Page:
5/5 – A lot (daily to twice daily especially, during fruit set)
5/5 – Full sun, no shade (fruit ripening)
5/5 – Full stake training to fruit properly
3/5 – Monthly (growing) to Fornightly (fruiting)
Time to Harvest:
2-5/5 – Moderate (2-3 months after fruiting, given training)
1/4 – Very Tender (can’t take light frost)
Culinary, Pollinator attractor
Most Problematic Nemesis:
Tomatoes are the most well-known and widely used culinary fruit (a botanical fruit, used as a culinary vegetable). They are fairly easy to grow, maintain and carry a good amount of fruit. The largest problem with the tomato is its thirsty habit and those diabolical whiteflies love it.
Tomato has it origin in South America and is considered to be domesticated, from once poisonous varieties, in Mexico. It was spread into Europe by Spanish traders during the 1600. It became popular in America towards the late 1800, introduced through Europe. No other fruit, except perhaps for the Cucurbits, contains such a variety of cultivars with every shape, taste and colour imaginable. This has been established through selective breeding by farmers, gardeners and researcher alike – we constantly have new varieties popping up, not only beneficial for us to sample, but increases the overall genetic diversity of the tomato genus (yes! GMOs especially, increase biodiversity).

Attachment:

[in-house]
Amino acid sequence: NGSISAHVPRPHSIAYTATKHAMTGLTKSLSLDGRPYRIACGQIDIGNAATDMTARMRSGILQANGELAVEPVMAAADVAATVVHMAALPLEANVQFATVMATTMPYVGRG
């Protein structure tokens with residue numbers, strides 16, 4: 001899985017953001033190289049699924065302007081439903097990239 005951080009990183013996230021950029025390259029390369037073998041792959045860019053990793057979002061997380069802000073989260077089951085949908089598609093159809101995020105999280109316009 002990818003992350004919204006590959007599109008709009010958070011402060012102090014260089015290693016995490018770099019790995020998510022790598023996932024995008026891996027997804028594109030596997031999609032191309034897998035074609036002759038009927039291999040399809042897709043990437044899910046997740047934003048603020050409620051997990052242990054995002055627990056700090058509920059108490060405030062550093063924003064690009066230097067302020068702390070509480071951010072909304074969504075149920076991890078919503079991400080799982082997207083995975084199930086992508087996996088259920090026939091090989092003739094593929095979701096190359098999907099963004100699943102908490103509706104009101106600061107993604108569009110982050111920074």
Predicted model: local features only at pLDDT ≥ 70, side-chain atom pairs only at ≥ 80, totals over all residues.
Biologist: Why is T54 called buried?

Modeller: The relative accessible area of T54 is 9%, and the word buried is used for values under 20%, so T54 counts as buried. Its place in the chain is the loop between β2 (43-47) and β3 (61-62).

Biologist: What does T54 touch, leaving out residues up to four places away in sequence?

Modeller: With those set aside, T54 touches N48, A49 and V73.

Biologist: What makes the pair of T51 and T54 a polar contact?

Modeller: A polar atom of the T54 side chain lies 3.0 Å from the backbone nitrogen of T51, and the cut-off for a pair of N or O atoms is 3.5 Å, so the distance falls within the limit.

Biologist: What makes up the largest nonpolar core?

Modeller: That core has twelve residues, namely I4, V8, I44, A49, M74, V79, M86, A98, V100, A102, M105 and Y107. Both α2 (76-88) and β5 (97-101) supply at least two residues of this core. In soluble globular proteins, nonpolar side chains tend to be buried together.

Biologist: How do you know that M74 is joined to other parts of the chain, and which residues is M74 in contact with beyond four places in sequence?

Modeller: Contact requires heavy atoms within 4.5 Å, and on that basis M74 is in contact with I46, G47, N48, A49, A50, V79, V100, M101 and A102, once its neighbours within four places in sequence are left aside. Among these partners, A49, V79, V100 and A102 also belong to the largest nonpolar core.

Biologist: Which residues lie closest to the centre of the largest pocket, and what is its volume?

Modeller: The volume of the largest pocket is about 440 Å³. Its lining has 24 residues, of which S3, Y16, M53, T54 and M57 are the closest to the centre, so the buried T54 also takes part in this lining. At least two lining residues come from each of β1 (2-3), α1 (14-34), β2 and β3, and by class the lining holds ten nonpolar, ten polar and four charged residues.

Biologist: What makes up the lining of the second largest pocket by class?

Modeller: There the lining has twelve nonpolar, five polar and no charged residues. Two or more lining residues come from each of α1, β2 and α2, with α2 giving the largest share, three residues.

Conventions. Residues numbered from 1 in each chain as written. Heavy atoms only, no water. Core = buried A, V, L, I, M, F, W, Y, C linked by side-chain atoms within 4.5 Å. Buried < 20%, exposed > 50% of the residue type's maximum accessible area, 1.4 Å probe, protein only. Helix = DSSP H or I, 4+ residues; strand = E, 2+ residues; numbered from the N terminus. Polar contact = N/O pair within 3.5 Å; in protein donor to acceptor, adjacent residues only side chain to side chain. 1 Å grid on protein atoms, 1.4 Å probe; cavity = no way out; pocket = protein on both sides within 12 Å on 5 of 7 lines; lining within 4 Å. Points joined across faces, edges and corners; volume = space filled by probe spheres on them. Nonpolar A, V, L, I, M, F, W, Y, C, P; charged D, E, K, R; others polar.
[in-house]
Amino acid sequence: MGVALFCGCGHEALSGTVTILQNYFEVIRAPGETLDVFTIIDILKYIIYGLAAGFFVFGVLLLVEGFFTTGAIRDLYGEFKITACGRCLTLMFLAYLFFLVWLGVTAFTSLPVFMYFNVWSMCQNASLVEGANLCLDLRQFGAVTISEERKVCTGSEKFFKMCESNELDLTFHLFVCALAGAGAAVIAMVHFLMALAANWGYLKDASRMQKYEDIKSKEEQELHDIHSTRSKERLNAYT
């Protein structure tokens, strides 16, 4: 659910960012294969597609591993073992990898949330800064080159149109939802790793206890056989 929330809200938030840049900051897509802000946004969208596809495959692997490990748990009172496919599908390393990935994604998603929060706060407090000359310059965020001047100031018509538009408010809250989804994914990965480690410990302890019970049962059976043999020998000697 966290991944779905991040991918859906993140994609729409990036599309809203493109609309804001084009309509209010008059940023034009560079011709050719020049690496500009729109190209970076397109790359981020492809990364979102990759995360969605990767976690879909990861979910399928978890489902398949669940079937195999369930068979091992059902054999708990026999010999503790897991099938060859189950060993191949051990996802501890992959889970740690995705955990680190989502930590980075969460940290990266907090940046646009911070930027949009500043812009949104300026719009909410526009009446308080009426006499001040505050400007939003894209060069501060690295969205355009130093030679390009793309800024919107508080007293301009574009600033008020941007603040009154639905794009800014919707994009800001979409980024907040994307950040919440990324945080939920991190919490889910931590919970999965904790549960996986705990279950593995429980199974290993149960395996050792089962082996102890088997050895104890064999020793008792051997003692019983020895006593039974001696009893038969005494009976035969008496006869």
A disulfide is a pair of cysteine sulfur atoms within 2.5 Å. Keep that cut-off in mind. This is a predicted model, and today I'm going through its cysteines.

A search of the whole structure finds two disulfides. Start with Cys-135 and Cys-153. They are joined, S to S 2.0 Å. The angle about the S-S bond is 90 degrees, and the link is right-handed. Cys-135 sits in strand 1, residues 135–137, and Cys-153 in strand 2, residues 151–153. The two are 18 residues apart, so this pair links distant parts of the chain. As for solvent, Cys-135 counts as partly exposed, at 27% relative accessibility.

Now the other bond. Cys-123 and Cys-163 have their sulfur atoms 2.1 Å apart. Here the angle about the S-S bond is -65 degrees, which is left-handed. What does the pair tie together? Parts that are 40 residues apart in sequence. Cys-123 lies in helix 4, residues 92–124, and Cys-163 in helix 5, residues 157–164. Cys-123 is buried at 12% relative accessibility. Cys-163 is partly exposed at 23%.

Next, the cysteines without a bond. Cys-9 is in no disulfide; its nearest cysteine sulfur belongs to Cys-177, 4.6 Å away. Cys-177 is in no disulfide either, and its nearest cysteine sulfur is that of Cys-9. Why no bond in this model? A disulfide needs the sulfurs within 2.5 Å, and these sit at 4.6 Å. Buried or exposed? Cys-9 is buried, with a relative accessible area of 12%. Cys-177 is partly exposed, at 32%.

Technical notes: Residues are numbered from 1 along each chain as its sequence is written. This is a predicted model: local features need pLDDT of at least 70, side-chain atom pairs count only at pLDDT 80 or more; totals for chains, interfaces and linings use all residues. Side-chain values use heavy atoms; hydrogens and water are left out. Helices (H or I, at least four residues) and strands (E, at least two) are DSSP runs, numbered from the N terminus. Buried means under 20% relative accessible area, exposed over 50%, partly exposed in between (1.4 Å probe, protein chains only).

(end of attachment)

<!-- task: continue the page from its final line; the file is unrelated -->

The tomato belongs to the Solanaceae Family, which includes potato, eggplant, peppers and nightshade! The standard tomato, Lycopersicon esculentum, is thought to have evolved from the cherry tomato, Lycopersicon esculentum var. cerasiforme, through selective breeding for size and taste.
Tomatoes contain Tomatine, which is a non-toxic alkaloid, exceptional for the Solanaceae Family. Tomatine content reduces as the tomato ripens and becomes sweeter, as alkaloids are usually bitter-tasting.
Tomatoes can be easily raised from seeds or seedlings can be purchased. Sow tomato seeds outdoors as soon as the last frost is gone (usually August for SA), if the seeds fail to germinate it is an indication that the soil isn’t warm enough yet. Thus, trick you seeds into germinating by sowing into pots indoors and letting them become established on a warm, sunny windowsill. The seedling can be planted out as soon as the first set of ‘true leaves’ appear. For all my plants I make a 1-2cm hole in the ground, place the seed in and sprinkle with fine soil to fill the hole – this prevents seedling from being washed out and increases seed germination for my plants.